# Causal Order and Perceived Temporal Order

Mellor proposes a solution. He uses causation between perception and the world to explain how, at least for subjects such as ourselves, there can appear to be a temporal order that does not involve causation.

Mellor begins by asserting that at least one event C causes another event E.4 Thus, causation is not only an idea in our minds. For example, the whole egg on the table, along with some other event (such as my rolling it), causes the egg to fall to the ground and then shatter. This is the case even if no one observed it happening. Then, following Reichenbach (1928/1958 and 1956), he defines a cause C of event E as any event that increases the likelihood of A happening. “[A]n effect’s chance must be greater than it would have been in the circumstances if its cause had not occurred” (Mellor 1991, 199s). For example:

If C is / roll the egg off the table,

and E is the egg shatters,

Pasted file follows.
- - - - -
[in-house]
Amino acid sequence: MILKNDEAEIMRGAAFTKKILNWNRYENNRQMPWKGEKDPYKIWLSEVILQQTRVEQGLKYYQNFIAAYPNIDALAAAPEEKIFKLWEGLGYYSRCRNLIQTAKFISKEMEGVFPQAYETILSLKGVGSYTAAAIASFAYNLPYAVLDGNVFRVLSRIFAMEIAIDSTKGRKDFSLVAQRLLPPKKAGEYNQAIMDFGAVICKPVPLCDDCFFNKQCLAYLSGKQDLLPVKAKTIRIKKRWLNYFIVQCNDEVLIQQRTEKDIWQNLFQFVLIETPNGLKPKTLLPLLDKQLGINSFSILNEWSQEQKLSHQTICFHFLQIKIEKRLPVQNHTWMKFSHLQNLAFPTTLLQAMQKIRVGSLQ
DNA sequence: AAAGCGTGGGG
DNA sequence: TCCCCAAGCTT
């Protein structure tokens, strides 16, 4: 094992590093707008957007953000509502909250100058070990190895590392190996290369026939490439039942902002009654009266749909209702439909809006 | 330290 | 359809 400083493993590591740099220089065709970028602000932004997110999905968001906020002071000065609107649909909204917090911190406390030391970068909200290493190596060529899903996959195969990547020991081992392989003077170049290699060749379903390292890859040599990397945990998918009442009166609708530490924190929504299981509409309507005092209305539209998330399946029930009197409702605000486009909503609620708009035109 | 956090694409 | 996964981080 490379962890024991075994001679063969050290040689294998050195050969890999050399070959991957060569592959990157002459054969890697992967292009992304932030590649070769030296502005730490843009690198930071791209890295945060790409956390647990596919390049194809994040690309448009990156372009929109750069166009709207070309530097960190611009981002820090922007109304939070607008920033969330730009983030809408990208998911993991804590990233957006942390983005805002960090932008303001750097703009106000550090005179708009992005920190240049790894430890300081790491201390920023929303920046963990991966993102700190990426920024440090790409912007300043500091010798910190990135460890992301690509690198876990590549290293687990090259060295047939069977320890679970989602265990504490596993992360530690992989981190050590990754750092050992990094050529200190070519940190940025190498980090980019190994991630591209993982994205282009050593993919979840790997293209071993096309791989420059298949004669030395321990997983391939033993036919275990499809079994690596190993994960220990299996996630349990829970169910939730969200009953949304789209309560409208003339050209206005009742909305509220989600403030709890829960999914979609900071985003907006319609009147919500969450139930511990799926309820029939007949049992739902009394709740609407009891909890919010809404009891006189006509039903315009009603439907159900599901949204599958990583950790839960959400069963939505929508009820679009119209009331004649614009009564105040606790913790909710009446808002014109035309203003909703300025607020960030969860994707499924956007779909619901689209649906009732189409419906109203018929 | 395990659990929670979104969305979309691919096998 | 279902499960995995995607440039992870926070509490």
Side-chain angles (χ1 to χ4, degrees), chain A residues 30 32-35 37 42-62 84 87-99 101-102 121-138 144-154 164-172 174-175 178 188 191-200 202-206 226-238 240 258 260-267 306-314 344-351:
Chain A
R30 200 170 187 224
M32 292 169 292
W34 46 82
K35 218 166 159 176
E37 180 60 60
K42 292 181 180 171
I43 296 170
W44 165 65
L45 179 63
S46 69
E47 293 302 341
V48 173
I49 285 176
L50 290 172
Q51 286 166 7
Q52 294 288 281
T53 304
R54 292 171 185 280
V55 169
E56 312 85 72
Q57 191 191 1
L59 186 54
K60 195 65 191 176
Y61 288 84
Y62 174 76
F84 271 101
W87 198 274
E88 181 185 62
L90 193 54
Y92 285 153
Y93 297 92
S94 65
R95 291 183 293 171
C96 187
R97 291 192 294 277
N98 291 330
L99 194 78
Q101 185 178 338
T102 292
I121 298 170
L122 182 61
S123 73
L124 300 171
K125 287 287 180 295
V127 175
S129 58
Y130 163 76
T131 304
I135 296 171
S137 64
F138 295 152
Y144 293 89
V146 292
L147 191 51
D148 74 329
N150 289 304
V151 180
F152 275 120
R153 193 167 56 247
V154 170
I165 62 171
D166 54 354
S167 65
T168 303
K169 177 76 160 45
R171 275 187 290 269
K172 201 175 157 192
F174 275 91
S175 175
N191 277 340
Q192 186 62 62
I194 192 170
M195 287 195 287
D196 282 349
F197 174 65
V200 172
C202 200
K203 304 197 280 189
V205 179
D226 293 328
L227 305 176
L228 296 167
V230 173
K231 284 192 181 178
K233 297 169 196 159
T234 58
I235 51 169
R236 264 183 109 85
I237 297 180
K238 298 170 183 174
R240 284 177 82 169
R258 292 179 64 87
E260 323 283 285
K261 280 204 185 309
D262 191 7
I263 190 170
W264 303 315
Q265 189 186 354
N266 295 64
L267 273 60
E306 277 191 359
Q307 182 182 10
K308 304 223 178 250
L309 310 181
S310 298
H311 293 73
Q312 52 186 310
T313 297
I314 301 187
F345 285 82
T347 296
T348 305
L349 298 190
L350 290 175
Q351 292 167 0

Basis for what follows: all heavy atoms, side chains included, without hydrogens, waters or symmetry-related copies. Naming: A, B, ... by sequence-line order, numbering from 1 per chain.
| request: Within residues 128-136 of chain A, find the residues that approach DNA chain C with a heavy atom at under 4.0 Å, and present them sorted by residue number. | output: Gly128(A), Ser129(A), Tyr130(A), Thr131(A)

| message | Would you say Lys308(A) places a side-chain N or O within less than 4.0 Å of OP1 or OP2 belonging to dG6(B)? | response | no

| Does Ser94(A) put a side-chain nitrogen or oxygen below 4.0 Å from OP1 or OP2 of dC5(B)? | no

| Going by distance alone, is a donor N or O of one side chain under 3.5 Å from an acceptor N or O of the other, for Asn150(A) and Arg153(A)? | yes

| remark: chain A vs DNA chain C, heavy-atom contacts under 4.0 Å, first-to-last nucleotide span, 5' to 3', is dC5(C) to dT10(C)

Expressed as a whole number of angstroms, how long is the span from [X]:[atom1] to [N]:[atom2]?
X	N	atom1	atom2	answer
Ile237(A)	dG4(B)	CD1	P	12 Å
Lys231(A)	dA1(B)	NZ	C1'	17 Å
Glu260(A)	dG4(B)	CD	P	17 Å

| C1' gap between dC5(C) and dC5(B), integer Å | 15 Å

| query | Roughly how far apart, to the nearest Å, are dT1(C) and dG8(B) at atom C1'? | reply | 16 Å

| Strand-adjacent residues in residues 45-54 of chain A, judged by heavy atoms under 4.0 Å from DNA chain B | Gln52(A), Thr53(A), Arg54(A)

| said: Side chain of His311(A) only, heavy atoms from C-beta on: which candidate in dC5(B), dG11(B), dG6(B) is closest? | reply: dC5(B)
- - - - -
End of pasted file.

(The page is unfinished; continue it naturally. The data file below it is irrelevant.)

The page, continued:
then C is a cause of E

iff C increases the likelihood of E.

The event E (the egg shatters) may happen anyway, sitting there on the table. However, the event С (I roll the egg off the table) increases the likelihood of E.

Then, Mellor argues, we have a perception of temporal order.6 He uses this perception of order to explain how temporal order arises:

Suppose I see that one event, e, happens precedes another,/ My seeing this is itself an event, which I shall call S()' represents a perception that p and “<” means “precedes”. But what is S(how do I see that e precedes /?

(Mellor 1991, 194)

Mellor’s answer is illustrated in in Figure 4.4. There is a causal order and an apparent temporal order. The direction of apparent temporal order arises out of the causal order.

Figure 4.4 Causal Order Explains Temporal Order

The perception S(e has two elements or parts: one part SO?) is a perception of e and the other part S((f) is a perception of /. Then, he causally links the two parts:

SO?) is one of the causes of S(/).

That is, one part of the perception is one of the causes of another part of the perception (from Chapter 3, we can think of these as stages or temporal parts). It is this causal order—between the parts of our perception S(

• • There is a causal relationship between the two parts of the perception.
• • From this relationship, the perceptual part that is a cause (S(

Furthermore, for each perception, the event that is perceived appears to occur at the same time as—to be simultaneous with—the perception of it:

e seems to be at the same time as S(e)

and

/seems to be at the same time as S(f)

As a result, because S(e appears to be earlier than/